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					Institute for Social Research - Zagreb

Centre for Educational Research and Development

THE STATUS OF INFORMATION AND COMMUNICATION TECHNOLOGY IN NATIONAL CURRICULUM FOR COMPULSORY EDUCATION
Marina Štibrić Branislava Baranović
cerd@idi.hr

Institute for Social Research - Zagreb

Centre for Educational Research and Development

Knowledge based society and ICT
• innovations in ICT, networking and rapid expansion of the Internet - key factors of transformation into knowledge society • ICT - a ground for effective usage and exchange of information and knowledge • ICT - one of the key contemporary educational requirements
November 2007 2

Institute for Social Research - Zagreb

Centre for Educational Research and Development

Digital competence
• one of the key competencies necessary for work and life in the knowledge society • in The European Key Competences Framework • involves knowledge and skills in ICT, attitudes towards available information and a responsible use of the interactive media

November 2007

3

Institute for Social Research - Zagreb

Centre for Educational Research and Development

ICT and compulsory education
• introduction of ICT into compulsory education was one of the most complex curricular innovations • ICT - a significant part of transforming the teaching and learning process • an agreement about the necessity of introducing and developing ICT in curriculum, but different countries have found different solutions
November 2007 4

Institute for Social Research - Zagreb

Centre for Educational Research and Development

The Status of ICT in National Curriculum for Compulsory Education – the research results

November 2007

5

Institute for Social Research - Zagreb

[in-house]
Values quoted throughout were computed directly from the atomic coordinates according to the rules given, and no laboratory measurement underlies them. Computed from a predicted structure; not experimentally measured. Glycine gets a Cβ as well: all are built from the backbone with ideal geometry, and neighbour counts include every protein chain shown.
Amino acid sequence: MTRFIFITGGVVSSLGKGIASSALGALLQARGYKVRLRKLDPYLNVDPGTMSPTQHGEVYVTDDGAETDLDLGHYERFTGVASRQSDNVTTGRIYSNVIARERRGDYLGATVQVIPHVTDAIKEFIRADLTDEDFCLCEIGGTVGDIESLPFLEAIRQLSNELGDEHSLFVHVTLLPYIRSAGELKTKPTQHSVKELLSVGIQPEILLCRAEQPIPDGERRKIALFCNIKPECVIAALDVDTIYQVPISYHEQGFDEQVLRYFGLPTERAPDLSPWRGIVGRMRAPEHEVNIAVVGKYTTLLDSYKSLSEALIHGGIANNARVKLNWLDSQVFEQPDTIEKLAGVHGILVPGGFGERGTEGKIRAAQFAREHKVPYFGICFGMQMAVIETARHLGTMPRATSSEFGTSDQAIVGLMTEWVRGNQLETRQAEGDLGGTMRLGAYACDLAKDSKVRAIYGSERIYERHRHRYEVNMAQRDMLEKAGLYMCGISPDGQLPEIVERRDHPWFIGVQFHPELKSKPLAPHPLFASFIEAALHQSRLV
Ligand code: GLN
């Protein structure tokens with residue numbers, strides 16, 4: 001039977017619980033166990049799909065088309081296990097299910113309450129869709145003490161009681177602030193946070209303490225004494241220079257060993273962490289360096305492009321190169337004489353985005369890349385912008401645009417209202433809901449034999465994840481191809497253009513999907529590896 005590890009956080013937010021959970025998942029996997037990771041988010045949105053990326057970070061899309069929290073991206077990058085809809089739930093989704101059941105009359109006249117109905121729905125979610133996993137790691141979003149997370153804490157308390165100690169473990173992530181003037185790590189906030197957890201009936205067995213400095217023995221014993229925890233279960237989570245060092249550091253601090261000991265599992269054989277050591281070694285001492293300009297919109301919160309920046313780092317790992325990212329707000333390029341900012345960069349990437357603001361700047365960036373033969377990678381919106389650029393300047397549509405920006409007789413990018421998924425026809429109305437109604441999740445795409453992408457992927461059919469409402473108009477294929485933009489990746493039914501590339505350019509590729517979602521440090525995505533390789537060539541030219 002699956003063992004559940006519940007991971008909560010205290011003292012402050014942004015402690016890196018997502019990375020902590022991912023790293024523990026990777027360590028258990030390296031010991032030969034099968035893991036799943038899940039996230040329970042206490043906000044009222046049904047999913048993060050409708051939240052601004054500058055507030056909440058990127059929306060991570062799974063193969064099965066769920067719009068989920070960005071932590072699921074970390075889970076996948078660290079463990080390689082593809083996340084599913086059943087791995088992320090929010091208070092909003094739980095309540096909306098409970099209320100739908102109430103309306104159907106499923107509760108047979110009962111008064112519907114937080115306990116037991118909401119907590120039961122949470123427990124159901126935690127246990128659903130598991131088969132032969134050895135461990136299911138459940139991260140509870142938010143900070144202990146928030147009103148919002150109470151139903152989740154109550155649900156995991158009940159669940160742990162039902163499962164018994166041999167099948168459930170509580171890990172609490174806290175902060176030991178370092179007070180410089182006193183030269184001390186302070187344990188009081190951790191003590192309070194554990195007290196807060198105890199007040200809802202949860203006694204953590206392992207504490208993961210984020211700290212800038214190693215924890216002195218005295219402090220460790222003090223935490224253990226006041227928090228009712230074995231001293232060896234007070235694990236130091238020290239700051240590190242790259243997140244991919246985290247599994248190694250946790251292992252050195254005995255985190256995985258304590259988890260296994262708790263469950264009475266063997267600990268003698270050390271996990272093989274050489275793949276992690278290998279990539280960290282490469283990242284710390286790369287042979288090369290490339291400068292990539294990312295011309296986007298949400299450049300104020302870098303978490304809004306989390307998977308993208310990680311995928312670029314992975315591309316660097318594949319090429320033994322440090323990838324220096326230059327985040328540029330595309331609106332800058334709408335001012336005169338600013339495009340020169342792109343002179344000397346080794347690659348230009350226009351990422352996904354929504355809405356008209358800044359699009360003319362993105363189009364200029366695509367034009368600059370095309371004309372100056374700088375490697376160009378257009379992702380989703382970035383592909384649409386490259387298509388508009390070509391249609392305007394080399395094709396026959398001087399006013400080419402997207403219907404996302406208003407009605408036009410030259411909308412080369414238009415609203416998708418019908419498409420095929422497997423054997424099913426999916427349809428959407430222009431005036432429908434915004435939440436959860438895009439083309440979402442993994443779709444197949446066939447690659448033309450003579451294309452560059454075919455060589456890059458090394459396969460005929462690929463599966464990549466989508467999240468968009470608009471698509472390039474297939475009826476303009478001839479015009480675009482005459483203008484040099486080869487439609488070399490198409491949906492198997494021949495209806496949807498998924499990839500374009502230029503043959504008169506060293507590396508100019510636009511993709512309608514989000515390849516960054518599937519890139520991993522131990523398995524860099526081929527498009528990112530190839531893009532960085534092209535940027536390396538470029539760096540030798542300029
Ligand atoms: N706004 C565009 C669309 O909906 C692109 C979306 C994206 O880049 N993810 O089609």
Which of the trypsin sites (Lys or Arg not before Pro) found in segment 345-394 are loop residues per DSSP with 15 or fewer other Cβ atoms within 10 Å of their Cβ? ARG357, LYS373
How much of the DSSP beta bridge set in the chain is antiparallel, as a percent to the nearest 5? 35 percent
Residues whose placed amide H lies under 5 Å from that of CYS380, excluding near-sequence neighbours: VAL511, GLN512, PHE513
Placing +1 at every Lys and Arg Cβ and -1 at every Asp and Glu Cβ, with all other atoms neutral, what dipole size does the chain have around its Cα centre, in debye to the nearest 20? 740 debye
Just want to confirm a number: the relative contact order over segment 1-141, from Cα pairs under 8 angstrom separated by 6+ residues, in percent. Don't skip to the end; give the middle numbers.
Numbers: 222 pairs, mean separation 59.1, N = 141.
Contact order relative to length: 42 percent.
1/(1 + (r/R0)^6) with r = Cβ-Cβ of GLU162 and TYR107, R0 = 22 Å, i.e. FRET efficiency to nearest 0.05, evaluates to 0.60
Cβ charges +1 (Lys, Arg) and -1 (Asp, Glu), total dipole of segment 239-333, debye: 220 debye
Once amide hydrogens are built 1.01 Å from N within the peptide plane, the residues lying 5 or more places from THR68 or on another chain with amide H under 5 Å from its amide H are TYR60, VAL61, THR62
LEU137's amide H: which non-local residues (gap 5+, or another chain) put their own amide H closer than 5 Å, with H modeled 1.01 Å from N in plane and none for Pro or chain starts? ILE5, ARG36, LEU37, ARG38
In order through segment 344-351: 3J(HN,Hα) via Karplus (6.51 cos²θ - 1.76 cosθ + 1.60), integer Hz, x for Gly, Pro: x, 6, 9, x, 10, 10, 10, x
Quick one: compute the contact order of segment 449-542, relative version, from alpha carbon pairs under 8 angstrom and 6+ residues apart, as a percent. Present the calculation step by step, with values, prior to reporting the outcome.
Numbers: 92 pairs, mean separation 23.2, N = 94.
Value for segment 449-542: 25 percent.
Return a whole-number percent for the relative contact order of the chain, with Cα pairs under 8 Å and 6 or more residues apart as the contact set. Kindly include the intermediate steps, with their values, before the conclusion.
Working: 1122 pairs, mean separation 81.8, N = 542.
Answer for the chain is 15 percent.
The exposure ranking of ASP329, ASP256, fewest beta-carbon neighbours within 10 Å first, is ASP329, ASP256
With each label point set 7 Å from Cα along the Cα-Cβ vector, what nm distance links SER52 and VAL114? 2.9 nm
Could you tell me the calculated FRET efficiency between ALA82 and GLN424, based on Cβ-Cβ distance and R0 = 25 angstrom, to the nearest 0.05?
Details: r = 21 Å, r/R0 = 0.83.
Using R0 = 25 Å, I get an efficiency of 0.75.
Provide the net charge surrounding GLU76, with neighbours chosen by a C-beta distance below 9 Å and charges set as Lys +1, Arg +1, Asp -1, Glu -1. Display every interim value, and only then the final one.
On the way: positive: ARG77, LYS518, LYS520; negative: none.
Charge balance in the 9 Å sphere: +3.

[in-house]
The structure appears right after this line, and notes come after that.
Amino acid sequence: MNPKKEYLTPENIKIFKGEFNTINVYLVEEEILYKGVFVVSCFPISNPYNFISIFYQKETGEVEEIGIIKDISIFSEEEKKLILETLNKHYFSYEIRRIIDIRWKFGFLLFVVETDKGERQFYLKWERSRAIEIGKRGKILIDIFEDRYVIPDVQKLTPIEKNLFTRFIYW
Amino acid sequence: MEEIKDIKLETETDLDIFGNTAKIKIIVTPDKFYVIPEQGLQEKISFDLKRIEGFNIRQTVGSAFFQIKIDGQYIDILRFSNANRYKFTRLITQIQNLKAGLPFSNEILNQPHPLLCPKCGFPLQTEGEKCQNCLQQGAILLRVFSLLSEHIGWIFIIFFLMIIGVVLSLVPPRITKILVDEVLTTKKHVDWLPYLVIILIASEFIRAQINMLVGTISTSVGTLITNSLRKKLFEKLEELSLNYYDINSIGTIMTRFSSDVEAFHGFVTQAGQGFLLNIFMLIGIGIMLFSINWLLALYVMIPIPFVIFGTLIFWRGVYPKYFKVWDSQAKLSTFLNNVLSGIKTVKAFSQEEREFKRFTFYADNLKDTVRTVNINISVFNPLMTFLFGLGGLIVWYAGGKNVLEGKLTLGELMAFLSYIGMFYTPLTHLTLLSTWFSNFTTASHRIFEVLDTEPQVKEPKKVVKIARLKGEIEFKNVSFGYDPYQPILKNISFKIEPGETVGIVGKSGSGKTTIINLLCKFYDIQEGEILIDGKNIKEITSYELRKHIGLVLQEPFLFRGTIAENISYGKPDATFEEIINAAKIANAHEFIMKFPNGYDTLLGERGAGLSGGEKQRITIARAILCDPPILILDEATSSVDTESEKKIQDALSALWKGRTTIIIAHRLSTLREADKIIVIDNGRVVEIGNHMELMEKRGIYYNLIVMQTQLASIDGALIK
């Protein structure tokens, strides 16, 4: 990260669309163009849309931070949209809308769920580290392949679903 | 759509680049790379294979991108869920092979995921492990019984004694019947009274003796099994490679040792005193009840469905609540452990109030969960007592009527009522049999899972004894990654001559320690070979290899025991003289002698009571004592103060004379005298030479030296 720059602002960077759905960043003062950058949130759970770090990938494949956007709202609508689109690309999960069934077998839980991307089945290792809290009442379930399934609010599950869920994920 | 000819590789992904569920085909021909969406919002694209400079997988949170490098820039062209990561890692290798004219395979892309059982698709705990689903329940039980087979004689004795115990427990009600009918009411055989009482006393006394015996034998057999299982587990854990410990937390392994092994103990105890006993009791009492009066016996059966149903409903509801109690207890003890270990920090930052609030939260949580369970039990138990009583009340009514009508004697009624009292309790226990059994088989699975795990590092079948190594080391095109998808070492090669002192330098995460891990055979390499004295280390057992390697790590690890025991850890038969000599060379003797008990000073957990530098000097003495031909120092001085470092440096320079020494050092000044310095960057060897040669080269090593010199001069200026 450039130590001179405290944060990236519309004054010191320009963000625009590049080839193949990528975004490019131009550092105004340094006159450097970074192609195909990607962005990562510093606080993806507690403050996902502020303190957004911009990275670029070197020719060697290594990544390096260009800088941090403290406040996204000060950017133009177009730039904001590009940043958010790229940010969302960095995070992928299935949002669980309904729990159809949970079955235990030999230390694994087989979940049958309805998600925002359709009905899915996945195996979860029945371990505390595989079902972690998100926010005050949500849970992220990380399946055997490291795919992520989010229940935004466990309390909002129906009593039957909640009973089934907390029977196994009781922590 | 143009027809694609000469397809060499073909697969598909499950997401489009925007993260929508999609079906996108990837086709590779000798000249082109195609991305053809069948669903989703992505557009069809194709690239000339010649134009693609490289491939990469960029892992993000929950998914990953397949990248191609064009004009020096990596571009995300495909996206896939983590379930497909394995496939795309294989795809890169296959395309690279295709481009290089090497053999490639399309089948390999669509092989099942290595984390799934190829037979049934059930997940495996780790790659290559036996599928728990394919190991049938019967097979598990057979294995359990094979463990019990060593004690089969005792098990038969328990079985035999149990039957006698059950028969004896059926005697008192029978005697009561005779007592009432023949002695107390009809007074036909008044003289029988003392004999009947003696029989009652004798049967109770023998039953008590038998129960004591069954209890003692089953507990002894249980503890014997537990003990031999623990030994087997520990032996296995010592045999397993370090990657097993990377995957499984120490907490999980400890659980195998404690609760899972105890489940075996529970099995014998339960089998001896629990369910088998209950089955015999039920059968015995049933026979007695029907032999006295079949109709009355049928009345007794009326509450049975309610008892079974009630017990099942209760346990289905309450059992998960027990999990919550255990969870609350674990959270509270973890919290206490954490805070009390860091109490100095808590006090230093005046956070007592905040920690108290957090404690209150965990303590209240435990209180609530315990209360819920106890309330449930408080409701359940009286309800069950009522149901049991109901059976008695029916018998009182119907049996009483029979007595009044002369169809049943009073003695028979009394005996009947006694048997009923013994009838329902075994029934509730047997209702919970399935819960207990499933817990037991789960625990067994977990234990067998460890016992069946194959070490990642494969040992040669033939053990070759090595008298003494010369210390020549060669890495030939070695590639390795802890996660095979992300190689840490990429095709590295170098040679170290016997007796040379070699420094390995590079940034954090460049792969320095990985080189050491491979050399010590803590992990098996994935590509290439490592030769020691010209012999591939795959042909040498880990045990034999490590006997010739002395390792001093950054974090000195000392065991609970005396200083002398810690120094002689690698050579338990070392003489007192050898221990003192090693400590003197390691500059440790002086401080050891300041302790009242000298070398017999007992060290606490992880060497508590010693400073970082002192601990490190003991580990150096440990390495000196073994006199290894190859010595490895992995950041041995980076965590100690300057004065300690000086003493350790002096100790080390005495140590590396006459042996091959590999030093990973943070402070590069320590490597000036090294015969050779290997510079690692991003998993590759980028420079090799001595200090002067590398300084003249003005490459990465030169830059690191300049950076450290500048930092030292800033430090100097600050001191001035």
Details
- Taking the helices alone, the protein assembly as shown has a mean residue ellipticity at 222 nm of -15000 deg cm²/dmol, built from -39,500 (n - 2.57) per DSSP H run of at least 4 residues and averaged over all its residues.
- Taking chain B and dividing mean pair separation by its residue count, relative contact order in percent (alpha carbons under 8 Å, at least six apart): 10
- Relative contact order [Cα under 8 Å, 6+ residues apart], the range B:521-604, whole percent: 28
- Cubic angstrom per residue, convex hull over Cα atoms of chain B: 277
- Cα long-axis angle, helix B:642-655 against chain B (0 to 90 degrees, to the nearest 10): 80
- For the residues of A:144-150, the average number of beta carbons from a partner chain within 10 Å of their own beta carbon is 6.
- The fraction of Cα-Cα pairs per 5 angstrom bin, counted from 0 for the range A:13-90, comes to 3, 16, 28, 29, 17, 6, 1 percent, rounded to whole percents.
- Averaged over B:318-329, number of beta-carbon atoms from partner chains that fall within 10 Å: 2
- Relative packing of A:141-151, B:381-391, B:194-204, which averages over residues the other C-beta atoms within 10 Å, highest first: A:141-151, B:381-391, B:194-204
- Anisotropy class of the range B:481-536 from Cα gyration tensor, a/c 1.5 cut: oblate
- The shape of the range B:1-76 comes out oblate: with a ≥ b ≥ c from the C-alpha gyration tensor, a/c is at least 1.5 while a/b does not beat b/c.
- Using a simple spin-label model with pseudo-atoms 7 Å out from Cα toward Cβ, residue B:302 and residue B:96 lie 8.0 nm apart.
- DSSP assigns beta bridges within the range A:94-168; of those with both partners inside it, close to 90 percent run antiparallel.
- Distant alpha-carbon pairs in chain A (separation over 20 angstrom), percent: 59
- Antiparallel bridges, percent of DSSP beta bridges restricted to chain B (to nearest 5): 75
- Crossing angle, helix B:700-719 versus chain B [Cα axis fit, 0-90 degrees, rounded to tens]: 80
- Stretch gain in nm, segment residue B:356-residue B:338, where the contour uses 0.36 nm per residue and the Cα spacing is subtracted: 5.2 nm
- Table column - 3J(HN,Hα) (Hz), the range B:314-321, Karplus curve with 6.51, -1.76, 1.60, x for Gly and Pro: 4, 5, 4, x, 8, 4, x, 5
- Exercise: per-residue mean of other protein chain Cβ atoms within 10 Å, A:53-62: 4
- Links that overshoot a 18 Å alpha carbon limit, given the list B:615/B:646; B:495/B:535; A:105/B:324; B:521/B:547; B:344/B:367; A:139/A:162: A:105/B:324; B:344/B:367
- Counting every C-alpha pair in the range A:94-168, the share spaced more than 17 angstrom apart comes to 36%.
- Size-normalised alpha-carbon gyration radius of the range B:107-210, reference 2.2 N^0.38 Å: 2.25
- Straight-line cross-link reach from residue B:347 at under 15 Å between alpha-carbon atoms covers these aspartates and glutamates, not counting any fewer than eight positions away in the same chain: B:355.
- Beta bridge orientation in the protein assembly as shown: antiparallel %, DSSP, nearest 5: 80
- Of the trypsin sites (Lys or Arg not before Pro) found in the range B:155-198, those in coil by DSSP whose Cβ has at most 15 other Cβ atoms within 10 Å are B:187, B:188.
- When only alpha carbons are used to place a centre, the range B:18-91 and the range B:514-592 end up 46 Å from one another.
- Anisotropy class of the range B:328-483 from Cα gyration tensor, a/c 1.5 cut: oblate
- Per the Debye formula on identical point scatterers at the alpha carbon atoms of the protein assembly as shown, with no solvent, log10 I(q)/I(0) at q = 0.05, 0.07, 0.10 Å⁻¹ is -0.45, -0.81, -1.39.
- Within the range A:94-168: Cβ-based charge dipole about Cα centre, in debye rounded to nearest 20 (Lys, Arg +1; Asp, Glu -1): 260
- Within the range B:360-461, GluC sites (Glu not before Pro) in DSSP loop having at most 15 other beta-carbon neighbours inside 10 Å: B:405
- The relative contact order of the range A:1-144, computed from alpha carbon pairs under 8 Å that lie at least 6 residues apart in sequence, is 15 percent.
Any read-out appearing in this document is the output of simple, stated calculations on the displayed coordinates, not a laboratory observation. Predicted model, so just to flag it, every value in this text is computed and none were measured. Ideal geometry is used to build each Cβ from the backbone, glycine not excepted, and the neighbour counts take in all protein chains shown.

Centre for Educational Research and Development

Research methodology
• aim: to find out what is the current status of ICT in compulsory education • an analysis of national curricula in 16 countries • ways of conceptualizing ICT in each country of the sample were compared to each other, and with the current situation in Croatia

November 2007

6

Institute for Social Research - Zagreb

Centre for Educational Research and Development

Research methodology
• criteria for choosing the countries: - members of EU - their educational heritage - achievements of their students in international comparative evaluations • the status of ICT: - isolated as a separate subject - ICT taught as a part of a few different subjects - ICT as a cross-curricular area
November 2007 7

Institute for Social Research - Zagreb

Centre for Educational Research and Development

Finland, Sweden and Norway
• broad curriculum frameworks, with ICT being taught within mandatory subjects • Norway - subject Art and Crafts – has the least ICT related content • Sweden – subjects Crafts, and Technology • Finland - subject Crafts, and cross-curricular themes Media skills and communication, and Technology and the individual

November 2007

8

Institute for Social Research - Zagreb

Centre for Educational Research and Development

Scotland, Ireland, England, Canada (Alberta), Australia (New South Wales) and New Zealand